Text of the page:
The following article by Hadash MK Aida Touma-Sliman (Joint List) was first published by The Morning Star.
Touma-Sliman is a leading member of the Communist Party of Israel.
Last week the Israeli Knesset was dissolved leading the country toward its fourth election cycle in two years this March. The elections, in the midst of the COVID-19 pandemic and the economic crisis, could mark the end of Benjamin Netanyahu’s 11-year premiership. The possibility of defeating the right wing is not great, but the possibility of Netanyahu leaving office just after Donald Trump could outline a new regional reality we have to prepare for.
Trump’s four years in power left the struggle for Palestinian independence and for peace in the region in dire straits. For four years we have witnessed a co-ordinated effort by the most reactionary right-wing forces in both the US and Israel to marginalize the Palestinian demand for freedom, to normalize and legalize the illegal settlement project, and to enact de facto annexation of the West Bank.
This was the obvious aim of Trump’s “Deal of the Century” — which was implemented aggressively in the past four years. The long list of provocative steps made by Israel and the US, including moving the US embassy to Jerusalem and the administration’s statement that the US does not consider the settlements to be illegal, to name a couple — have passed without considerable international resistance. The international community did not rise up against these violations of international law and left the Palestinians alone facing the menacing Israeli and US steps.
The latest normalization and arms trade deals Israel has reached — with the UAE, Bahrain, Sudan and Morocco — should be analyzed in light of the imminent end of Trump’s presidency in January. The outgoing president and the Israeli PM, by creating facts on the ground, wish to make the incoming US administration face a new regional reality — in which the question of normalizing Israel’s position in the Arab and Muslim world is decoupled from the Palestinian issue.
This new reality erodes the formula shared by both the Arab Peace Initiative and the Palestinian leadership — according to which one of the main incentives Israel can gain from ending the occupation and the establishment of a Palestinian state is full normalization in the region. Unfortunately, the treaties signed between Israel and the Arab states have made clear this equation is losing its relevance. The Israeli government and US administration — as well as the regimes in the Gulf — want to divert international attention from the Israeli occupation toward the tensions between Iran and the Arab states. This shift of attention from the occupied Palestinian territories to Tehran — as the main contradiction in the region — serves Riyadh as well as Jerusalem.
The Biden administration will probably mark a return to the pre-Trump norms.
This shift is not at all, what we on the left have hoped for, but it is still a vast improvement from Trump’s destructive policy in the region.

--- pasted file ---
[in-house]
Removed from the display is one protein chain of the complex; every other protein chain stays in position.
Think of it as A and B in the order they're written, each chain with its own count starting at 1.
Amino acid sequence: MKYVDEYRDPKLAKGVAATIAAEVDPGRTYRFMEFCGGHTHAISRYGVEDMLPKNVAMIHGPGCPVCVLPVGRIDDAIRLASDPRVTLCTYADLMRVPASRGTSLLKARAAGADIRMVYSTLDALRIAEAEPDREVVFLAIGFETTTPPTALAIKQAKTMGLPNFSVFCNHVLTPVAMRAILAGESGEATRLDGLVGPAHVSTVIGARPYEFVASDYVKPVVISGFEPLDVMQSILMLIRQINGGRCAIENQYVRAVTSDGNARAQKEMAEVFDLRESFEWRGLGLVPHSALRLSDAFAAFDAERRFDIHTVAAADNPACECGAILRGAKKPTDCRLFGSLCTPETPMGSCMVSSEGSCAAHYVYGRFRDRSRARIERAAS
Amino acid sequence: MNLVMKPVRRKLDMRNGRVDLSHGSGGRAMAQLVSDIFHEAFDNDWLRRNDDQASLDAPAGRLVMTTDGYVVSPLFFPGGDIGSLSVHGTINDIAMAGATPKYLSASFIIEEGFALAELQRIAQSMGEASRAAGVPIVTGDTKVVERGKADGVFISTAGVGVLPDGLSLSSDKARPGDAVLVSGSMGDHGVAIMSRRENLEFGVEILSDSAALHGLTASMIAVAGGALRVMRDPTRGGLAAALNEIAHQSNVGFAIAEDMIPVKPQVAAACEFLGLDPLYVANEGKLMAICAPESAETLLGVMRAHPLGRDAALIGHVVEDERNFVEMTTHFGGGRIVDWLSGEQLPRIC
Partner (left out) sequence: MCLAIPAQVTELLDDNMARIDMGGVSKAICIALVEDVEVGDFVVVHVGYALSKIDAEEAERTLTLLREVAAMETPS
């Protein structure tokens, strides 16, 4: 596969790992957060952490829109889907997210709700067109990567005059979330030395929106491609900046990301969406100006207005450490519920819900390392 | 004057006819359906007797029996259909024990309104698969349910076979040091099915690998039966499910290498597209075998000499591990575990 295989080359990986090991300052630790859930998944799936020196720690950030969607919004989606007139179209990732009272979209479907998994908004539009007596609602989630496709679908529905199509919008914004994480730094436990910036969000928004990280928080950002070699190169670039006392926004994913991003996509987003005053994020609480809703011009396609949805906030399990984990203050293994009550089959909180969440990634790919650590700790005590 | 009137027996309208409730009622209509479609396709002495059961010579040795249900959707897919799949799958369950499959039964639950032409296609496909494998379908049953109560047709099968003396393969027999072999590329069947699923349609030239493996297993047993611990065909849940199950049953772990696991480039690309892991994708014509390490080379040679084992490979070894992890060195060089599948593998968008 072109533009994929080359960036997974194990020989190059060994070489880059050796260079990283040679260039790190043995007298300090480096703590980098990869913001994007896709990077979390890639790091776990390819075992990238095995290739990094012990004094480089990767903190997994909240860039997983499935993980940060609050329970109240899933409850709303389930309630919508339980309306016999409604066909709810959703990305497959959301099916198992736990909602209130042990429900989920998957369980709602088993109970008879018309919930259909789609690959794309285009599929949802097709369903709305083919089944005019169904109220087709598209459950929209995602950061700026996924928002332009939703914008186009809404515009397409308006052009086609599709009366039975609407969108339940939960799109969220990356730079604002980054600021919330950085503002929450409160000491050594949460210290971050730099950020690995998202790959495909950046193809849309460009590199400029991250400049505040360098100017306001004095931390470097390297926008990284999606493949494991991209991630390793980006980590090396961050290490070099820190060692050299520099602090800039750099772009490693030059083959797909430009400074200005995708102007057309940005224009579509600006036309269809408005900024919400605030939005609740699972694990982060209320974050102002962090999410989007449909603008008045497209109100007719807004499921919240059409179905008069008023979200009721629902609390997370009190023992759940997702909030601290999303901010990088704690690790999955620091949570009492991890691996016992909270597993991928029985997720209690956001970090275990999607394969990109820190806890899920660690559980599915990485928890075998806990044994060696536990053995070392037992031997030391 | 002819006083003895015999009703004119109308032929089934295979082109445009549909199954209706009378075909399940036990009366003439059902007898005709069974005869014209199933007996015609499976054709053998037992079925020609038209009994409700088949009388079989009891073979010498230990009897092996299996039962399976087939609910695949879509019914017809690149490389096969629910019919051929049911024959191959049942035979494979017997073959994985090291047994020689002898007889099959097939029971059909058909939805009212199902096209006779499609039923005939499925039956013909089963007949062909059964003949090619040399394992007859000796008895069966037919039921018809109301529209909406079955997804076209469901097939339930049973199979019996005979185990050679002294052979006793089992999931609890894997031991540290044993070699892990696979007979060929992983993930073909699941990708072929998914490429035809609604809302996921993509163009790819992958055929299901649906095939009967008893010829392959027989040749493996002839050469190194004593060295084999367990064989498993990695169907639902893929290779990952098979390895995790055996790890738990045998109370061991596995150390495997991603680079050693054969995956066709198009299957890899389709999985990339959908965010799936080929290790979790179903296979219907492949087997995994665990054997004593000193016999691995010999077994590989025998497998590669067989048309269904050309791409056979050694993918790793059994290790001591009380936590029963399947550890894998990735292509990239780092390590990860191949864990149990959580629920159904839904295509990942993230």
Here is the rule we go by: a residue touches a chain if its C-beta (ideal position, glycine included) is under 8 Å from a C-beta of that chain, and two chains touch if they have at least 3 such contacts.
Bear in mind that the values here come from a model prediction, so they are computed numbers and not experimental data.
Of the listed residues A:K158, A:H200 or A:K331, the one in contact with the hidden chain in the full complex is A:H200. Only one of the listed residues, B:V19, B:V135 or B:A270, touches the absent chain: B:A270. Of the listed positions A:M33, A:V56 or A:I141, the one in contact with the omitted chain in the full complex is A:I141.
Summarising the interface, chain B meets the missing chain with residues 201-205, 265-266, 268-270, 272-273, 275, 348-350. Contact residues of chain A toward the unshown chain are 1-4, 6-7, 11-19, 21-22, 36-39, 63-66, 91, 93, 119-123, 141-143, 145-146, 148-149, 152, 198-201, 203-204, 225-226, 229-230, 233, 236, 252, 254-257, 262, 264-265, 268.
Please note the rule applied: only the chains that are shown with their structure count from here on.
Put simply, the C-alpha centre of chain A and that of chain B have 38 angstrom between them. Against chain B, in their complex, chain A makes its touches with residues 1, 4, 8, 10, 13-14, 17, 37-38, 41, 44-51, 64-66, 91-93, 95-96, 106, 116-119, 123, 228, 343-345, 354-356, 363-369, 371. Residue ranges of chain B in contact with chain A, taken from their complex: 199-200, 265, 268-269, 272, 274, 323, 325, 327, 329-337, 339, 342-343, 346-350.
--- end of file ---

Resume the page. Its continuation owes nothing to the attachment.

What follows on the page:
We can be glad about Trump’s departure from the White House even if Biden’s entrance in his place is not a reason for celebration.
Pro-Israeli bias has always been a feature of US intervention in the conflict, but during Trump’s term, the position was clearly aligned with the Israeli far right. We can expect the Biden administration to tilt the position a bit away from the settlers, but in no way toward the Palestinians.
While the pro-Palestinian progressive voices are becoming stronger in the Democratic Party, there is no indication Biden will adopt any of their positions such as placing conditions on aid to Israel or taking decisive action against settlements. On the other hand, we can expect a stark difference in the US administration’s position on Iran. The US will probably soon rejoin the Iran peace deal (JCPOA) and deescalate the regional tensions.
Yet we must be vigilant until Biden takes office on January 20: Netanyahu, Trump and their Gulf allies will make any effort possible to put a stick in the wheels of Biden’s re-engagement by making reality even more complicated. A prelude to these disruptive moves was the illegal Israeli assassination of a prominent Iranian nuclear scientist a few weeks ago. Israel will make any effort to escalate the situation before Biden takes office, even if it might lead to war.
The post-Trump era will be an opportunity to slow down the dangerous processes led by the Israeli right — the obliteration of the two-state solution and the de facto annexation. But the damage of the past four years is done, and it’s bad.
Here in Israel, we are heading toward a new election cycle — and it seems as if the Palestinian issue is nowhere to be found. Our job in the Joint List and the left is to bring the occupation back to the fore — to reclaim it as the main contradiction in our reality and the main challenge for a peaceful Middle East.
Any new Israeli government led by Netanyahu or not, will need to be put under pressure on this issue. To that effect it is crucial that the international community take decisive action against the occupation, including the recognition of the state of Palestine and rejection of the settlements as violations of International law.
The left needs to fight back against the reality in which accusations of anti-Semitism are brought up every time criticism against the occupation is raised, and to revive the discussion on Palestine in terms of international law and pressure on those who violate it. The struggle continues in Israel, Palestine and the entire world.